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Primary Care Corner with Geoffrey Modest MD: CT scanning in kids and radiation exposure

29 Jan, 15 | by EBM

By: Dr. Geoffrey Modest

I will post an old blog:

The use of CT scans is increasing dramatically in kids. Data collected from 7 large HMOs in the US over 10 years (2001-2011) in kids <15yo, with 4.9M child-years of observation. One advance in this study is that they collected the actual technical parameters (radiation dose) used in diverse facilities.

Major findings:

— a doubling of CT scans done in kids –large variability of radiation dose per scan at different sites. highest dosages overall with abd/pelvic CTs (40% done for pain, 11% for r/o appendicitis, 6% for infection)
–Head CT was the most commonly done CT and increased 50%, though the % increase was highest in abd CT for children 5-14yo.
–using risk models (some based on the Japanese atomic bomb survivors, with those numbers of cancers being similar in a recent CT study), they calculated that:
–in kids under 5yo, those getting head scans (the most common) assoc with one solid cancer developing per 570 CTs in girls and 1350 CTs in boys, and one case of leukemia in 5000 scans (less in older kids);
–for abd/pelvic CT: 300 scans in girls and 670 scans in boys assoc with likely development of one solid tumor (not much difference by age)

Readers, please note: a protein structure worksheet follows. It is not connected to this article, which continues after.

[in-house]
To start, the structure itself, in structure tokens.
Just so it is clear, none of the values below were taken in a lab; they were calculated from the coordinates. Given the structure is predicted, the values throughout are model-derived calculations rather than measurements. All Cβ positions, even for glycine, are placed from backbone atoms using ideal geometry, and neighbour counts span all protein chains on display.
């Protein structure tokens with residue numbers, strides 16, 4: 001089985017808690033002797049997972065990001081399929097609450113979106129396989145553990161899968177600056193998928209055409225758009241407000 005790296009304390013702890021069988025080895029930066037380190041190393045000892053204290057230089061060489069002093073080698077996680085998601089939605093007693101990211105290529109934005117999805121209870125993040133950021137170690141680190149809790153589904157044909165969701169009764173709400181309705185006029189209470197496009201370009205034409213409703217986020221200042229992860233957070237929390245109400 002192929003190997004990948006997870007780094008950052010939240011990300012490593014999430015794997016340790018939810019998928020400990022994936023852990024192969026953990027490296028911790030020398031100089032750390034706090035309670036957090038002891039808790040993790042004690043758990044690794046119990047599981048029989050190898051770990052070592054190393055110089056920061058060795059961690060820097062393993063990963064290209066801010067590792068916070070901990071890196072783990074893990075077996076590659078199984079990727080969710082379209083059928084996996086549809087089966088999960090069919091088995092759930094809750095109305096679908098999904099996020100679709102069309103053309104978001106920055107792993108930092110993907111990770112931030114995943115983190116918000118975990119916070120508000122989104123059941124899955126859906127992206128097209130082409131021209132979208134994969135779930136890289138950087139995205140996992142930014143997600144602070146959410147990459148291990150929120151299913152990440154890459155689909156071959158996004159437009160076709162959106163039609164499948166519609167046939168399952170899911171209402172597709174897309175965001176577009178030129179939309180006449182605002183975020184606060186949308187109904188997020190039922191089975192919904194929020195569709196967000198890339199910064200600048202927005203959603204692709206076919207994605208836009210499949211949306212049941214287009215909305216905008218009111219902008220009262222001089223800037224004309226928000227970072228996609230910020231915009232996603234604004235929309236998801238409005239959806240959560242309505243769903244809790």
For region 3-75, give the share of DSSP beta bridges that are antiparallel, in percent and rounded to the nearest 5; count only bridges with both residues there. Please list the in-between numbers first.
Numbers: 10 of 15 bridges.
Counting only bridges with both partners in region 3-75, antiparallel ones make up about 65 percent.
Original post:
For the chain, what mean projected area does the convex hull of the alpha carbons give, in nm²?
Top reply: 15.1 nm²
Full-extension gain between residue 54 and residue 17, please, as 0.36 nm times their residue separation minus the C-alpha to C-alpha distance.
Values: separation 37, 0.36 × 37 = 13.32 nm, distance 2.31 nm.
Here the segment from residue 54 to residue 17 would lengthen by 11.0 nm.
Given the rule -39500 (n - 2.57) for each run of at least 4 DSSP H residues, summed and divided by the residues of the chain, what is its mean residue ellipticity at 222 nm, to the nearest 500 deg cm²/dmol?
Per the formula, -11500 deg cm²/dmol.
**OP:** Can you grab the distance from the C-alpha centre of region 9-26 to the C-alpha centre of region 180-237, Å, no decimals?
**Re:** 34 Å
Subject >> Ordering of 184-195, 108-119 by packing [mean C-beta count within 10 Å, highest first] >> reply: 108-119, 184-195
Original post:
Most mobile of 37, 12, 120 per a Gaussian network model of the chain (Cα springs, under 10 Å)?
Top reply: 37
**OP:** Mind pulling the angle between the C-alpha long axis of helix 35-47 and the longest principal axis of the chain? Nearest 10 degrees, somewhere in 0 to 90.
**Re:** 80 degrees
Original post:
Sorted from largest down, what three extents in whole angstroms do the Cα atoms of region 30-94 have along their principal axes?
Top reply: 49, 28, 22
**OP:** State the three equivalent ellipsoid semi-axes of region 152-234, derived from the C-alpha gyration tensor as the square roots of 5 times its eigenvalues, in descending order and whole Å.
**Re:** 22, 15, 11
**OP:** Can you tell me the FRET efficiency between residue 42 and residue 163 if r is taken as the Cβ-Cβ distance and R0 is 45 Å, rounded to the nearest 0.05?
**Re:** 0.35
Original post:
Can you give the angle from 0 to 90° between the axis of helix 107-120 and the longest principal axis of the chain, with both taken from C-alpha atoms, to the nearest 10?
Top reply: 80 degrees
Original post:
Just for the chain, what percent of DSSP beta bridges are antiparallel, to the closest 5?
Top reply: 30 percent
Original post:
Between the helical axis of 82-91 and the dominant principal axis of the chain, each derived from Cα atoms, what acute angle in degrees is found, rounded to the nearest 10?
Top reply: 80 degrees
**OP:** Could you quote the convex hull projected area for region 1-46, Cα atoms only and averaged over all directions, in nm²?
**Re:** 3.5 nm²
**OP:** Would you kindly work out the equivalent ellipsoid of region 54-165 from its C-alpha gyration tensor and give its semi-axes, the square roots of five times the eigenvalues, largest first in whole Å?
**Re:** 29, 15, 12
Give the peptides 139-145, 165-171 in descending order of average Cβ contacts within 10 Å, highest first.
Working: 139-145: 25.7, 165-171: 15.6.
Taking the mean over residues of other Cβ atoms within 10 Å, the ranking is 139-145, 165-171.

So, not huge increased risk for an individual getting a scan (i.e., get one if really necessary), but in population overall, the annual pedi CT scan rate of about 4-9 million CTs/year leads to a large projected increase in cancer, on the order of 5000 cancers/yr. Some studies suggest that 1/3 of CT scans in kids are unnecessary, though changing this is sometimes difficult (we recently had a kid where we suggested doing an ultrasound as initial w/u for possible appendicitis, but the ER/surgeon insisted on CT scan). Also, the great variability in radiation dosage per test (which seems in part due to radiology techs not scaling down radiation exposure sufficiently in kids) needs to be reduced. the potential reduction in cancer by eliminating the unnecessary CTs and decreasing the radiation dosage per CT could decrease the cancer rate by more than 60%. Behavior change for us guys ain’t easy, but the good news is that after repeated battering, we are really doing better at not prescribing antibiotics for likely viral bronchitis, etc.

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